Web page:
Fall in love with root vegetables
As we say farewell to summer and welcome the cooler weather of football season, pumpkin carvings, turkey roasting and time with family and friends we find a new array of produce. Enter root vegetables. Satisfying, comforting and nutrient power houses, if you haven’t yet delved into these gems, I encourage you to pick one up on your next trip to the store.
Vegetables are probably the toughest food group for most to include in their diet. It certainly isn’t for lack of variety because our food system today brings produce to us from around the world. I think one of the main reasons people have difficulties including this food group is lack of creativity and focus. The meat, starch and desserts are usually the main focus of our meals and where the most effort is placed in preparing. Give your veggies more attention and you may discover you really do love beets, butternut squash, pumpkin, sweet potatoes and acorn squash. Here are two of my favorites.
Nutritional benefits: Beets are so rich in color they stain your hands. This richness translates into health benefits for you. Fruits and vegetables rich in color typically equates to high antioxidant content. You want to include antioxidant rich foods in your diet to help protect those vulnerable cells inside our bodies, particularly those found in the brain and lining our arteries. Beets are excellent sources of folate and in a cup serving provide almost five grams of fiber and only 60 calories.
How to cook: Pretty simple actually, but be warned these guys are pretty messy. Wash, peel the skin, rub with a little olive oil, wrap in tin foil and bake in the oven at 375 F for 15-25 minutes depending on the size. To minimize nutrients lost with heat, cook just until tender. Roasting intensifies the flavors of the beet. Add to a salad or eat right out of the oven.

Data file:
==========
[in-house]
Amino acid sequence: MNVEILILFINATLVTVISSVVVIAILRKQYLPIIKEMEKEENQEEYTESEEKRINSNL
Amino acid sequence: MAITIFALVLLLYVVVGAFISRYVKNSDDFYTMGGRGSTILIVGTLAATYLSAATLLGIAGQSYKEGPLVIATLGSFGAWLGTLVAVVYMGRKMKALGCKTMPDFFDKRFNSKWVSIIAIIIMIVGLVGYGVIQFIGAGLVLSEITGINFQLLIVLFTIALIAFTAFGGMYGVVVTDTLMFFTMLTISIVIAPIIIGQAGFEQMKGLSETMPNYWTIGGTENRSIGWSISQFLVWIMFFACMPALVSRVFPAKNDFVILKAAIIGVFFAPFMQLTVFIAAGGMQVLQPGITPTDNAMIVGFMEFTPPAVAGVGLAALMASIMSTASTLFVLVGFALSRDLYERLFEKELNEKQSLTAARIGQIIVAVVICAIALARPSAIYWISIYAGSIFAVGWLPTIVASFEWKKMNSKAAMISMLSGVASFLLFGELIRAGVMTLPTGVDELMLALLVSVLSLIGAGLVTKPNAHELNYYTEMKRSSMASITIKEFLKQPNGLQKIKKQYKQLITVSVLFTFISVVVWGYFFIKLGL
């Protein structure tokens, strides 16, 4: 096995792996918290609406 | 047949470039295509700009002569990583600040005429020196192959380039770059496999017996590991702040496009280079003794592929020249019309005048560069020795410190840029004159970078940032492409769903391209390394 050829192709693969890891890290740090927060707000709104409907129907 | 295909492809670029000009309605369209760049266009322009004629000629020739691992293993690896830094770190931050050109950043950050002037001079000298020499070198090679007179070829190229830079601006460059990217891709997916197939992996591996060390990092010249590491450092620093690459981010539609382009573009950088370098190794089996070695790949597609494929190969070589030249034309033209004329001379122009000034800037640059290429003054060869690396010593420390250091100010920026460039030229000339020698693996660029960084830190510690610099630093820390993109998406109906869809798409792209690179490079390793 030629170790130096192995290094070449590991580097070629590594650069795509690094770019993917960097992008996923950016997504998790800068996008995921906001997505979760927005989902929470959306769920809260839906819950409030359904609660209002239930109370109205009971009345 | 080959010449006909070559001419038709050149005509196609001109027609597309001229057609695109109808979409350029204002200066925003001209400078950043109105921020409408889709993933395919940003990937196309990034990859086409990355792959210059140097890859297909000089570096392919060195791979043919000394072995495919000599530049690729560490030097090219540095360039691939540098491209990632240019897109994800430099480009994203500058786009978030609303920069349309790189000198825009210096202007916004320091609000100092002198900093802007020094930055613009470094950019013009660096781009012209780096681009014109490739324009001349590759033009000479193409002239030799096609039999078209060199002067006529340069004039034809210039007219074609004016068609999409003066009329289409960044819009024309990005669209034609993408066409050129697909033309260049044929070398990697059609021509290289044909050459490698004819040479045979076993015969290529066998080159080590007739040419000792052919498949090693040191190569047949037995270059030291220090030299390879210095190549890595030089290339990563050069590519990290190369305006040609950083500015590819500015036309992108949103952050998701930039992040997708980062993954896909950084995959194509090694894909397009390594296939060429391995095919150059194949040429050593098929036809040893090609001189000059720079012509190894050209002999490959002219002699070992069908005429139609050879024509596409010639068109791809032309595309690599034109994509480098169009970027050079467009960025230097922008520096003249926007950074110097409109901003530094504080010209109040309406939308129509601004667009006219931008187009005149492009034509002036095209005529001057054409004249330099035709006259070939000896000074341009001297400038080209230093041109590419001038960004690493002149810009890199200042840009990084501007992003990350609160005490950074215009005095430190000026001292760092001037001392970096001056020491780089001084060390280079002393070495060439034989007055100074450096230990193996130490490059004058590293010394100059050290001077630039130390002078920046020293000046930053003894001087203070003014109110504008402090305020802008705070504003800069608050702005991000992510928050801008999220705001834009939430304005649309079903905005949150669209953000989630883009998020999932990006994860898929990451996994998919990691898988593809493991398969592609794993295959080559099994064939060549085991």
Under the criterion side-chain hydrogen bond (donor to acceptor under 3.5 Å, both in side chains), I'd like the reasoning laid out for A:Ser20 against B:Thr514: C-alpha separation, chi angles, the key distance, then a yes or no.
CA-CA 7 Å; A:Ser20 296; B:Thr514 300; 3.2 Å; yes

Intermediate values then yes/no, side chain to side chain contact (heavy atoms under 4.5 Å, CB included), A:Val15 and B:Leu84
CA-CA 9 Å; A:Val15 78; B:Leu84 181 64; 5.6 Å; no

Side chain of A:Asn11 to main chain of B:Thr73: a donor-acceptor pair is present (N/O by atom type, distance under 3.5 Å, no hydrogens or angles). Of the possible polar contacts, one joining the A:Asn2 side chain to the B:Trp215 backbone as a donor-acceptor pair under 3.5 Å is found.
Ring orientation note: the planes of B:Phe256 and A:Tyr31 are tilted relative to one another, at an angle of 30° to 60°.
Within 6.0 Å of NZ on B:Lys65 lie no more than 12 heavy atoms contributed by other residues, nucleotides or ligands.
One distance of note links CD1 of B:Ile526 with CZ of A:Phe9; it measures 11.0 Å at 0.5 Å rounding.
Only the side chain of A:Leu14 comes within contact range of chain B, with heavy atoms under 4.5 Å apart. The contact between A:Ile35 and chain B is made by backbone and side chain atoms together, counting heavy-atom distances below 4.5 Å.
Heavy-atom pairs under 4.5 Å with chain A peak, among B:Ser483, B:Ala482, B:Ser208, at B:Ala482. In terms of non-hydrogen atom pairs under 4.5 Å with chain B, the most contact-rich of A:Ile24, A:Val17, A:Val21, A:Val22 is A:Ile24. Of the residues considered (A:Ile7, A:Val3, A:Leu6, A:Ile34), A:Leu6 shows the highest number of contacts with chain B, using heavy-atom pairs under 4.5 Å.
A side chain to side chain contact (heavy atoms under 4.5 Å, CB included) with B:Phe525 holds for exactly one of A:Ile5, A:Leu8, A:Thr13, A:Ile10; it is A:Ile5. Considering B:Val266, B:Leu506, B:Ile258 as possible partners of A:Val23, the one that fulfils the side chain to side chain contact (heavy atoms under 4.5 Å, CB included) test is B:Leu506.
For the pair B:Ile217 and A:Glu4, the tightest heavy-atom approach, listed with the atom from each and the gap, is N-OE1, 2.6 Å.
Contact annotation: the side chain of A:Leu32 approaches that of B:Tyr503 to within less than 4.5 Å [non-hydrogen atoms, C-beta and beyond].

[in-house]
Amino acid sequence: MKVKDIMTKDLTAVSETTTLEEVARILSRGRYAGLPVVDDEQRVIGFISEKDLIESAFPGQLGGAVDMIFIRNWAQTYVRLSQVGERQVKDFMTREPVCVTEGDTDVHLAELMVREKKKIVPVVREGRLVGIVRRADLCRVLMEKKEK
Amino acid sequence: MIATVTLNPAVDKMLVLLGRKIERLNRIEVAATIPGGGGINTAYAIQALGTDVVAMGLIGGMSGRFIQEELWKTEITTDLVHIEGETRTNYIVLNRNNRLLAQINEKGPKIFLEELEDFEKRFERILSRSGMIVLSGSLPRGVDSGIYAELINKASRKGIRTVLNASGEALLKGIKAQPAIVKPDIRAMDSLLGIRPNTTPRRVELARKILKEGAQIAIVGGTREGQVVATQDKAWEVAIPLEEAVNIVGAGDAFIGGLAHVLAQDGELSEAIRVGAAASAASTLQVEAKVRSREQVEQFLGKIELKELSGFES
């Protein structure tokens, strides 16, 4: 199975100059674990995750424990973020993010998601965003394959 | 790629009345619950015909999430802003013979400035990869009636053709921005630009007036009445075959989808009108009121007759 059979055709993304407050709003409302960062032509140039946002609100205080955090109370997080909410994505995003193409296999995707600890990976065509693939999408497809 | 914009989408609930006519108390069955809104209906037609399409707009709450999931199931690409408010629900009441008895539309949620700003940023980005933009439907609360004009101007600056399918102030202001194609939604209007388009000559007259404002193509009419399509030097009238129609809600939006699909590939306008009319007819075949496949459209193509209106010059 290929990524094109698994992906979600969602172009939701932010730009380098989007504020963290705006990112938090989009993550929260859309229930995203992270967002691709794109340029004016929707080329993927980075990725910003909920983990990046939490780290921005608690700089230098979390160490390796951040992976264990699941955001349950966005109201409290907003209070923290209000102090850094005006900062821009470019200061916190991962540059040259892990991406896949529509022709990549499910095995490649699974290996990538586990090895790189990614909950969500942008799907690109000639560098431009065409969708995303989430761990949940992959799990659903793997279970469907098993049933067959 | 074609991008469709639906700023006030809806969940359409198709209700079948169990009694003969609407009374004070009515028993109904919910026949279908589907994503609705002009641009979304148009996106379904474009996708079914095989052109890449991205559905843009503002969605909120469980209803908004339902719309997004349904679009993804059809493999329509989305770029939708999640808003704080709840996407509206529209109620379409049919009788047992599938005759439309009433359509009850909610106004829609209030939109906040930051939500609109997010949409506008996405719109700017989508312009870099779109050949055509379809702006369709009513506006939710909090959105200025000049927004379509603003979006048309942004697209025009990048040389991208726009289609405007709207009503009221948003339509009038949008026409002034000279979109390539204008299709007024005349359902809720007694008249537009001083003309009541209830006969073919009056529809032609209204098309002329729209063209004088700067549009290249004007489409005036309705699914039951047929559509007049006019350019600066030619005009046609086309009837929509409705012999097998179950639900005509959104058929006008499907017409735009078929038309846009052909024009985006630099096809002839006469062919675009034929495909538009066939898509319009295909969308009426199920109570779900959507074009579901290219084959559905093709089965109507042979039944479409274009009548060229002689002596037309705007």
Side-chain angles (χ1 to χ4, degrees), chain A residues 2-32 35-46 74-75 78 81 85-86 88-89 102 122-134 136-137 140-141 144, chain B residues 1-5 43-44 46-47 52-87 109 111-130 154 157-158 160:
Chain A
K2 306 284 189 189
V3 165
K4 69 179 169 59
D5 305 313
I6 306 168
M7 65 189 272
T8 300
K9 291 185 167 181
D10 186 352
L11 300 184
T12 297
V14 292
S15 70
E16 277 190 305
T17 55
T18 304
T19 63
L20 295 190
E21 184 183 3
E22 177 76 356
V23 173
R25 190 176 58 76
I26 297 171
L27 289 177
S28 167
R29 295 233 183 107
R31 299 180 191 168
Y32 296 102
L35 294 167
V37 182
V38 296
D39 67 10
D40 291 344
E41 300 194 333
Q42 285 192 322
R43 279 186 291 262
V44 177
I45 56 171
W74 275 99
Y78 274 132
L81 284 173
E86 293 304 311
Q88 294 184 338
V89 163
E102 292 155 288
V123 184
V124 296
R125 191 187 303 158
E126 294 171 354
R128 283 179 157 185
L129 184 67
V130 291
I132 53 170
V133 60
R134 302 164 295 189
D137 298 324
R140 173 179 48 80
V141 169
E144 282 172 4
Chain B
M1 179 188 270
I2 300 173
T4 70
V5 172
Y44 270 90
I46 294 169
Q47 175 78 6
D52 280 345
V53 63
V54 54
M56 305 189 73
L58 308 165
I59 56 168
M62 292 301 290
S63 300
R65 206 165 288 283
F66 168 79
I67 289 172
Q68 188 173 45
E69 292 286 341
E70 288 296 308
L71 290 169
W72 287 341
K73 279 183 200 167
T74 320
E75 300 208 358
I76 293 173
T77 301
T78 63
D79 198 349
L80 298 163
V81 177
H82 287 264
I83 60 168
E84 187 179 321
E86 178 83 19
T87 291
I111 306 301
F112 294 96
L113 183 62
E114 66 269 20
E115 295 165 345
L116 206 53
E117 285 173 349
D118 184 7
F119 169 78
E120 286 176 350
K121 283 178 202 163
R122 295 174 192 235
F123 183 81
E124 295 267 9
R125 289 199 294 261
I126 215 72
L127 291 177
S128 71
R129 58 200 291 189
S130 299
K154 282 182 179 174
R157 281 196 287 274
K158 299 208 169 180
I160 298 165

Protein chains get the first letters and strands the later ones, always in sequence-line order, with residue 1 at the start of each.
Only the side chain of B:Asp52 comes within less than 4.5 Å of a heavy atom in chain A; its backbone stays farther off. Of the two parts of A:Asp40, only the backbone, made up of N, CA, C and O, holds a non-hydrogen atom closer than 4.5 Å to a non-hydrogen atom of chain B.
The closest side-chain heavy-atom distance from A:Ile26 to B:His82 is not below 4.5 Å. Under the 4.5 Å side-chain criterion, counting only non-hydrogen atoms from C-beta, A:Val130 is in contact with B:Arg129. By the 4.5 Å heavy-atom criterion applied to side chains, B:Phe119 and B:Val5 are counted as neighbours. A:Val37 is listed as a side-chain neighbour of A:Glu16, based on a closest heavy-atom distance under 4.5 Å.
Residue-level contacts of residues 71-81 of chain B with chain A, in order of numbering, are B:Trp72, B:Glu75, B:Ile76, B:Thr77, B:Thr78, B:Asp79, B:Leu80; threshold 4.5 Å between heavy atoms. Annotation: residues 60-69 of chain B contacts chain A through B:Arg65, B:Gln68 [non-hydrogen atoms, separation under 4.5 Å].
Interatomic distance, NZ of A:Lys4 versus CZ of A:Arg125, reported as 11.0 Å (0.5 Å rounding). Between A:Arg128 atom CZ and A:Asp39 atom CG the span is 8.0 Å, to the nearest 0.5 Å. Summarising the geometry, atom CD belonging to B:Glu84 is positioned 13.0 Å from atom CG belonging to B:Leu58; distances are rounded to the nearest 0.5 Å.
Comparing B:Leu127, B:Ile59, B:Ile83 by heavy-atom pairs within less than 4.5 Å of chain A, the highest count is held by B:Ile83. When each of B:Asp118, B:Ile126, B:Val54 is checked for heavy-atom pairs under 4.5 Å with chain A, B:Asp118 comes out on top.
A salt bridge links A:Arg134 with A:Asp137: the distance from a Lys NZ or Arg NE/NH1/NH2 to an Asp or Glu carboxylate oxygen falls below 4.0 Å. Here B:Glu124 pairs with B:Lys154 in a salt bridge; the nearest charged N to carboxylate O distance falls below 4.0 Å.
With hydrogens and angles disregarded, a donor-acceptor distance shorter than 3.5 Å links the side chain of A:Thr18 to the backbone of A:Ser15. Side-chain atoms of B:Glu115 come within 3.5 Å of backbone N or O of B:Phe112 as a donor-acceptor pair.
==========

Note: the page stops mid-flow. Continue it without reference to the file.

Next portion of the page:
Suggested recipe: For a tasty salad toss two cups of arugula with a sprinkle of toasted pecans or walnuts, goat cheese and beets. Drizzle on a homemade red wine honey vinaigrette dressing. For the dressing mix together ¼ cup red wine vinegar, ½ cup olive oil, 1 tablespoon honey, ¼ tsp salt and pepper.
Nutritional benefits: Butternut squash is another tasty root vegetable that packs a punch with nutrient content and antioxidants. It is loaded with potassium good for the heart and bones, folate, vitamin C and B6 which is essential for proper functioning of the nervous and immune system. Furthermore, they provide natural fiber and are low in calorie with just 85 calories in an entire cup serving.
How to cook: Wash, poke and microwave for approximately one minute to soften the skin and allow for ease of cutting. Slice lengthwise, scoop out the seeds, trim off the skin and either dice or flip over flat side down onto a baking dish. Bake at 400 degrees for 25-35 minutes or until tender.
Suggested recipe: After peeling the skin and taking out the seeds, dice the squash into cubes and place in a mixing bowl. Mix in one medium sized red apple, diced, ½ tsp cinnamon and a drizzle of olive oil. Place into a baking dish, cover with tin foil and bake at 400 degrees F for 25-35 minutes or until tender.
Lauren Zimmerman is a registered dietitian originally from Rock Hill, but has made the Old Village home over the past few years. She works in a cardiac rehabilitation center where day to day she teaches a heart healthy diet to her patients through weekly education classes and one-on-one counseling sessions. She lives and breathes healthy eating and enjoys making it practical for those she is helping. Outside of work she enjoys cooking, art, music, bike riding and seeing the ocean as frequently as possible.